I’ve never had a particular desire to see the world from inside a Santa suit. They can be hot, the padding confining. And if you’re at all claustrophobic, the last place you want to be is stuck behind a fake beard reeking of the previous occupant’s halitosis.
And yet, I have done my time. I have gained that perspective. And every Yuletide since, as I make my rounds amidst the mall Santas and mistletoe, my mind reverts back to the time when I was in The Chair, a child happily perched on my knee. Yes, Virginia, I was a Santa Claus.
It was many years ago, when Portage Place first opened and recruited volunteers to serve as their official mall Santa. I was a Rotarian at the time, and several among us stepped forward and donated our time, while the mall donated Santa’s salary to charity. A grand idea, we all agreed.
Our shifts were three hours and we went in armed with wit and wisdom culled from an experienced colleague. Know the reindeer. Know the child, even if you don’t know the name. Never assume a letter exists. Never cave in the presence of scepticism. And never, ever make an actual PROMISE.
It’s hard not to. Some will talk your ear off like a long-lost friend. Others will quietly state their wish, give you a hug and be off. Some don’t say a thing. The odd one will give you The Knowing Glare. And you want to promise them the moon.
And most especially, the child who does not bear the obvious marks of love and nourishment, and nurturing by loving parents. The child who looks like he doesn’t have a friend in the world, and not much of anything else, either.
‘Ginny’ looked to be about eight, sitting on Santa’s scrawny knee wearing a dirty blue coat and worn leggings. Her hair was long and unwashed. My impression was that she wasn’t kept very well. There was a foot of fresh snow outside, yet she was wearing running shoes. Off in the distance stood her dishevelled caregivers, I assume they were her parents, both smoking, the guy with a carton of cigarettes under his arm. They were arguing about money. Ginny just looked sad.
“I know you’ve been a good girl this year, Ginny.” Santa said kindly.
“Thanks.” Her eyes revealed she had been waiting for this moment all year.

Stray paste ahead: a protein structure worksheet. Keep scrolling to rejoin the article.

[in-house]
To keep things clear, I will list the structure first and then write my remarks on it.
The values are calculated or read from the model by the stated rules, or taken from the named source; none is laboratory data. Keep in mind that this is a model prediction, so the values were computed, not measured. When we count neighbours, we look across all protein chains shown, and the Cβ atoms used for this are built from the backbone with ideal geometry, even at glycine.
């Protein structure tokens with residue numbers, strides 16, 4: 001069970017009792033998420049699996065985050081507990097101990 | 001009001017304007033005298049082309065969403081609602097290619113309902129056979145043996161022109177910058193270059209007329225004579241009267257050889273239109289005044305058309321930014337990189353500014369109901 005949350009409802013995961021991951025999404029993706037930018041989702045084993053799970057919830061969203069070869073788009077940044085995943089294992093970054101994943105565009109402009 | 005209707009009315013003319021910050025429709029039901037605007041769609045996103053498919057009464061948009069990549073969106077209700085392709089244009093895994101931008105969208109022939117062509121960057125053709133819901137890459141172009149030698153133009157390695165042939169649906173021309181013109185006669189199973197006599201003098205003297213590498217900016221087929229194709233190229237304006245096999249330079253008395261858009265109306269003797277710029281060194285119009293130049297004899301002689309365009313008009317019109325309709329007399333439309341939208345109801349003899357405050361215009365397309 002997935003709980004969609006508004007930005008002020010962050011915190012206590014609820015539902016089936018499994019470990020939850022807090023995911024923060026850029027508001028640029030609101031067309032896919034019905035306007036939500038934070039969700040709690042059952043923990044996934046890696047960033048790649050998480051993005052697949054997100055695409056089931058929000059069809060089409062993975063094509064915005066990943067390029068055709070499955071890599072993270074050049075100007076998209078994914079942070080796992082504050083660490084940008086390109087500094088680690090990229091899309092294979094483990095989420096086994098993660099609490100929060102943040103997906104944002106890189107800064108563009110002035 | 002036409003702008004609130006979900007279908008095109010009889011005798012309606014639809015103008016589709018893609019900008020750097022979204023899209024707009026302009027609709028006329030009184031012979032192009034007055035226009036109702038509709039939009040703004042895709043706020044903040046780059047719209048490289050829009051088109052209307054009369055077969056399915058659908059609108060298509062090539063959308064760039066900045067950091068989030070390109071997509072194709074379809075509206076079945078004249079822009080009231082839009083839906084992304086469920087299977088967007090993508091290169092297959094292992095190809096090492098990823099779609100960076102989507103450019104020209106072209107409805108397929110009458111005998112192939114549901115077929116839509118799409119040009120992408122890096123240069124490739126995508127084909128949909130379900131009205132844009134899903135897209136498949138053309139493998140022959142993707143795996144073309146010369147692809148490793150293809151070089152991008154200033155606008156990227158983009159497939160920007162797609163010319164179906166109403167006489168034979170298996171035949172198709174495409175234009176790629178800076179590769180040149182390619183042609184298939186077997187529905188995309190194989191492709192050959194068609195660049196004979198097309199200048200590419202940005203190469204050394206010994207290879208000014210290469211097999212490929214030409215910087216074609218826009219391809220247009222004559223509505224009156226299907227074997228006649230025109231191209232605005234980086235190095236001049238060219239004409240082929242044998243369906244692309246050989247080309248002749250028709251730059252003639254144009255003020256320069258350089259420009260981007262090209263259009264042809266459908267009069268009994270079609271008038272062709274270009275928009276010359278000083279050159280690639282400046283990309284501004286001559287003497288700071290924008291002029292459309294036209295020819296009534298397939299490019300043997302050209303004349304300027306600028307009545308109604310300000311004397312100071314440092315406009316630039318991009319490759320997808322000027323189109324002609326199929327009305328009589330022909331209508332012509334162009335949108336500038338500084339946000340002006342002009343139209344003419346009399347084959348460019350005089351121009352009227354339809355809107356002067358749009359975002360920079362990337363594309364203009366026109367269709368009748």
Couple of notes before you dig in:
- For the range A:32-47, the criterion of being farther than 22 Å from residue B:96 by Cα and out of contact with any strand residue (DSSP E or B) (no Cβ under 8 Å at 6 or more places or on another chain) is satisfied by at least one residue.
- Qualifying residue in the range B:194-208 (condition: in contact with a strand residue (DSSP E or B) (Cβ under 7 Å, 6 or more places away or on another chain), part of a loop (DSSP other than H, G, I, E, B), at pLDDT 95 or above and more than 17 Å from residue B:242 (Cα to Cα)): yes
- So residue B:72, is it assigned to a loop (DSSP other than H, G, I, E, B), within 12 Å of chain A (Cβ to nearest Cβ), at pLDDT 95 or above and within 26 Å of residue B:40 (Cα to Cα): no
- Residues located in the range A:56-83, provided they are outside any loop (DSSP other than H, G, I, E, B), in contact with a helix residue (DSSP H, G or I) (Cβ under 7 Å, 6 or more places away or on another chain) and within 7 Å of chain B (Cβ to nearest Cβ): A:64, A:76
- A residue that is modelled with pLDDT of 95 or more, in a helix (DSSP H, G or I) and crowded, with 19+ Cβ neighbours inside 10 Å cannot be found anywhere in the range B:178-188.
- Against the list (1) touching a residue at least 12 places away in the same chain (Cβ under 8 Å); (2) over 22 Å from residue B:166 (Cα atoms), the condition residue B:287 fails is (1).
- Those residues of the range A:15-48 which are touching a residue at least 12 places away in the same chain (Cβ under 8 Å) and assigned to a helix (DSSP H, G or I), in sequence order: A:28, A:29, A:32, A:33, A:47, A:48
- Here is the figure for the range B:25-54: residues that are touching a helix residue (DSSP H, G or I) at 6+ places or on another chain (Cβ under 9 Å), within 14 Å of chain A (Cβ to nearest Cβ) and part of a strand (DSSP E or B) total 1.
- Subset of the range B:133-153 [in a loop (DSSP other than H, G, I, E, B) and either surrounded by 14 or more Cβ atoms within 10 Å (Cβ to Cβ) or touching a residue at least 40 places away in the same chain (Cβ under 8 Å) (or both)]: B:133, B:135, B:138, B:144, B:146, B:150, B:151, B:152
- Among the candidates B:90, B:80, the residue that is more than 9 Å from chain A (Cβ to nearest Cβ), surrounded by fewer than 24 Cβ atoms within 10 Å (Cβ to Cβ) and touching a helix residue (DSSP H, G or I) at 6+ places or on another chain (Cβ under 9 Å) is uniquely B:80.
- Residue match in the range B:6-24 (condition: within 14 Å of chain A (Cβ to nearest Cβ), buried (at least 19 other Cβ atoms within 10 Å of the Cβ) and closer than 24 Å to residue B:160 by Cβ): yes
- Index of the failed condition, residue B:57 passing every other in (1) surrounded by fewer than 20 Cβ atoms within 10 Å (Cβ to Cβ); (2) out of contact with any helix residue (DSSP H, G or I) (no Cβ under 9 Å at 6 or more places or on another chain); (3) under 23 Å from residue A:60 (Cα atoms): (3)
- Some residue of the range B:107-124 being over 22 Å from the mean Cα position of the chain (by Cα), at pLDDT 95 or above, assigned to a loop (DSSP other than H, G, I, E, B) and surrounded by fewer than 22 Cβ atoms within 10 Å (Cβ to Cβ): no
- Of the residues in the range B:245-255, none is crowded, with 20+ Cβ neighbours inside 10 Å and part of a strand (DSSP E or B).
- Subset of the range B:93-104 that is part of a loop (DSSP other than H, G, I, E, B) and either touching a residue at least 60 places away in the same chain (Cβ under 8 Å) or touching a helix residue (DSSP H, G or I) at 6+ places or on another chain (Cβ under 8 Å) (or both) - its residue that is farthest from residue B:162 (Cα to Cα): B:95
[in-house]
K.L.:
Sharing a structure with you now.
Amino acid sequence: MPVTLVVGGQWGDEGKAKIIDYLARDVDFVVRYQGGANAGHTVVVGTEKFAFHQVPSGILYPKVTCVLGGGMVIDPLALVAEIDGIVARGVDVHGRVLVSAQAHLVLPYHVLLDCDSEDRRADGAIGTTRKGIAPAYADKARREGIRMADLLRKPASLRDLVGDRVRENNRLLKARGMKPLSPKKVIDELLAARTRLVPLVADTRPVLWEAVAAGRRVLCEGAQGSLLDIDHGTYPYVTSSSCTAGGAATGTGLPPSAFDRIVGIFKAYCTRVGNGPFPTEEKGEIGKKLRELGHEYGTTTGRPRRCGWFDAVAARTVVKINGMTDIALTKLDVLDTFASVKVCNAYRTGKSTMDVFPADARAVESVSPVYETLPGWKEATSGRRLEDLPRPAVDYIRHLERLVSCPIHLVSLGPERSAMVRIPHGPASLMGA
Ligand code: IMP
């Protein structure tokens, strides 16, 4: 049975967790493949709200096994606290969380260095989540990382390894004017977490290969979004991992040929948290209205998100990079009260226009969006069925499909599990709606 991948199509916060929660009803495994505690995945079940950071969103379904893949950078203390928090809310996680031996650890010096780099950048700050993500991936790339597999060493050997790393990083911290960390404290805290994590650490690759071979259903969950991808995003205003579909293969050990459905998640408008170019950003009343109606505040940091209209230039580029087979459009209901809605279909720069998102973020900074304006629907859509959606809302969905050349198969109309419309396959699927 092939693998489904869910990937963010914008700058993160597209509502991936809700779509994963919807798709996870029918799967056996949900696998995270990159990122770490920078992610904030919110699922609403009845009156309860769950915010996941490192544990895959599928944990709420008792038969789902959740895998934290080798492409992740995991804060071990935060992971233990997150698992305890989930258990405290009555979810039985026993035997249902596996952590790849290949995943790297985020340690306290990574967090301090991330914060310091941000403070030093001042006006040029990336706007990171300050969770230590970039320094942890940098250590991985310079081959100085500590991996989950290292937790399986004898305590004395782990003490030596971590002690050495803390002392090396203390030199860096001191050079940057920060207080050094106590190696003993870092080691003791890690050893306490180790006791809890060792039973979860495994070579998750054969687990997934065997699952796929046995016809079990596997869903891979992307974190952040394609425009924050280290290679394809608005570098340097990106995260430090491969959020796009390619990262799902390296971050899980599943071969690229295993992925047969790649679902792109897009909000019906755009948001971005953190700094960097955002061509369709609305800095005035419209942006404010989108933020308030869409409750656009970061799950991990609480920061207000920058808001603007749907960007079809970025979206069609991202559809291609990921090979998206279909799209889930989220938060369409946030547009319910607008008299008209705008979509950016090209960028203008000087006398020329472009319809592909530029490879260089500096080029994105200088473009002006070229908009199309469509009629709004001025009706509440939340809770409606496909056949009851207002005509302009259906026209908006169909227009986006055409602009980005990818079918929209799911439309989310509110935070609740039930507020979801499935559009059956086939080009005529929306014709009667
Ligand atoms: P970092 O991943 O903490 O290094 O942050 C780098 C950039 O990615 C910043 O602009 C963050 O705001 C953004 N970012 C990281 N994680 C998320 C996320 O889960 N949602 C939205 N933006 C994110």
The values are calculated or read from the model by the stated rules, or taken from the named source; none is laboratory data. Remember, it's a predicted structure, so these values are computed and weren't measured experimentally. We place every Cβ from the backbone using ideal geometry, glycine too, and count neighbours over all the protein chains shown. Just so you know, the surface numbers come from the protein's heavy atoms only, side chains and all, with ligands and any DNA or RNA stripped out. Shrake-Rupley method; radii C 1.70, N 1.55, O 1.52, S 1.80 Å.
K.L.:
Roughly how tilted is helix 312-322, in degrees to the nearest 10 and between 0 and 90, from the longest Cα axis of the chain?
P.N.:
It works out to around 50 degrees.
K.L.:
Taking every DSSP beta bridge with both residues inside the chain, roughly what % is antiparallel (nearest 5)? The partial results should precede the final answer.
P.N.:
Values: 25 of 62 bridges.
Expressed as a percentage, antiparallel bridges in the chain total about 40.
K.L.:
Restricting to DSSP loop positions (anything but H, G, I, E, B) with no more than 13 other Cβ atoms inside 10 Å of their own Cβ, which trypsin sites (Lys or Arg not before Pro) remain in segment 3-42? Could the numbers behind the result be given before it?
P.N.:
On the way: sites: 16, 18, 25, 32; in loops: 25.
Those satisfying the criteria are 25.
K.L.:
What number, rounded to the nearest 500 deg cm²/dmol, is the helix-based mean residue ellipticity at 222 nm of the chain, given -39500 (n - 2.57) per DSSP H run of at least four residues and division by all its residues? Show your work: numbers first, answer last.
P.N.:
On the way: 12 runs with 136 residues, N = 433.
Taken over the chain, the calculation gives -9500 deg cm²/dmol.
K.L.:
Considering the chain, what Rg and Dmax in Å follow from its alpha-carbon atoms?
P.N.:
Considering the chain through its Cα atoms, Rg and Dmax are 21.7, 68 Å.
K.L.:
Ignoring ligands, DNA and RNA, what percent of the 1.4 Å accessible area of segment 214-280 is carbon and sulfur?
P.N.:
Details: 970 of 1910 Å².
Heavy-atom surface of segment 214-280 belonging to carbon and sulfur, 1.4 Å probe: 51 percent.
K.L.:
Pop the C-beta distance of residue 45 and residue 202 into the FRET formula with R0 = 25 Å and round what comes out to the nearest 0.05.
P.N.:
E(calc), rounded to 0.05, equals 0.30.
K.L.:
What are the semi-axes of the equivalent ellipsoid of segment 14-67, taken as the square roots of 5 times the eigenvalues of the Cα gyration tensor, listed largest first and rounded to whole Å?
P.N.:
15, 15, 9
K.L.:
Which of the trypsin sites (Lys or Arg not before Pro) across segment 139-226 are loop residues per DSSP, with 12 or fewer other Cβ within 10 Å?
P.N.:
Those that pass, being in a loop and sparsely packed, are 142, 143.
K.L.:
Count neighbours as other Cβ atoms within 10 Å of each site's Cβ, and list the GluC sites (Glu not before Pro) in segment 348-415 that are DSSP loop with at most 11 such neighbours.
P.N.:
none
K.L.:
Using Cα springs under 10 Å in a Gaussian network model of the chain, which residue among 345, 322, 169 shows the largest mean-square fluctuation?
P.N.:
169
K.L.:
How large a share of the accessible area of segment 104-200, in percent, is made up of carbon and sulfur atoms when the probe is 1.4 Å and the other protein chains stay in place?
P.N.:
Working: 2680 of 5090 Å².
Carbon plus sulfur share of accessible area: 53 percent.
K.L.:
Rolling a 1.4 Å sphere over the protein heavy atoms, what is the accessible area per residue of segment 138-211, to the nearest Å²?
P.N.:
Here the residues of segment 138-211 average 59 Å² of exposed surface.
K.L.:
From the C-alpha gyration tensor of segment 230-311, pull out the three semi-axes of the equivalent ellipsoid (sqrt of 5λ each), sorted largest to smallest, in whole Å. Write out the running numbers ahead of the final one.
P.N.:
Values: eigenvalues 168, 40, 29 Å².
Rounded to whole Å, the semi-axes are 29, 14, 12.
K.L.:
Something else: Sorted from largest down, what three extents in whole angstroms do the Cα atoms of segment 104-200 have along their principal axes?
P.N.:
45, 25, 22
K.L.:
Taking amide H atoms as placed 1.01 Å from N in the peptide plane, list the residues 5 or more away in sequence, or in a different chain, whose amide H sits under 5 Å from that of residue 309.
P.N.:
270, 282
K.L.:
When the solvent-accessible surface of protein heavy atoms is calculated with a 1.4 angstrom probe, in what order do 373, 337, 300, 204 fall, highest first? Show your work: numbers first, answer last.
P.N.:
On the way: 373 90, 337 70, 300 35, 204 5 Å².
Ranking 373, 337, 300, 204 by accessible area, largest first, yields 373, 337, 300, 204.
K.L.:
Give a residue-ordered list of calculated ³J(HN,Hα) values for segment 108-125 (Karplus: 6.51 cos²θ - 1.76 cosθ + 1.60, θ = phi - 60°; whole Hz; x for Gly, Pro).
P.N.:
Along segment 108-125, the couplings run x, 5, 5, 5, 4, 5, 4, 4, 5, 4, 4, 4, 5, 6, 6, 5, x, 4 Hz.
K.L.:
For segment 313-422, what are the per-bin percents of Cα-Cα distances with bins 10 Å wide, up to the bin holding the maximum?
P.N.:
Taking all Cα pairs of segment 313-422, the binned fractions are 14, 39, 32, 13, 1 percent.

“What is your wish, my dear?”
Her answer scuppered Santa’s heart. It was the year of Tickle-Me-Elmo (yes, THAT long ago…). You couldn’t find one to save your soul. They had flown off the shelves. Opportunists were hawking rare finds for hundreds of dollars. Santa wanted to say something to comfort her, to give her hope. But what?
“My goodness, Ginny, that’s a popular one this year. The elves are barely keeping up.”
She smiled. A sad smile.
“Well Ginny, I will try. But can I share a secret with you?”
“We like to take a few of the REALLY popular toys and tuck them away. A few extras, for those boys and girls who don’t have a home, who won’t have a Christmas at all. Some children have really big Christmases. Too much, really. And some have smaller Christmases, even tiny Christmases. But some children don’t even have a Christmas at all.”
“That’s awful,” she said, looking serious.
“So you see Ginny, we like to be especially nice to children who won’t even get a Christmas at all.”
She smiled again. “That’s a nice thing, Santa.”
“You have a lovely smile. It’s a gift you can give to others.”
“A wonderful gift…
“Merry Christmas, Ginny. I’ll be sure to bring something special Christmas Night, for you. And remember, because it’s from me, you’ll know it’s special.”
“What is it?”
“Oh, it has to be a surprise. Because it’s from Santa. But it will be special, because it will be from me, just for you.
“Because you are very special, Ginny.”
“ Merry Christmas, Santa,” she said quietly.
“Merry Christmas, my child,” I said.
Miracles do happen. I like to think one happened for ‘Ginny,’ which of course is not her real name. But if Christmas dawned to disappointment, I hope she remembered Santa’s words; that her Tickle-Me-Elmo had gone to a better place, to a kid whose world was a darker shade than even her own. And I’m hoping that she somehow had managed a knowing smile that whatever it was under the tree for her, grand or not, it was special because Santa had brought it just for her.
Now retired from The Chair, after all these years, I still smile when I think of her. She would be in her ‘30s now, perhaps with a family of her own. Somehow I think that she’s very happy, and that her own children are loved, happy and well.
And asking for drones and hover boards…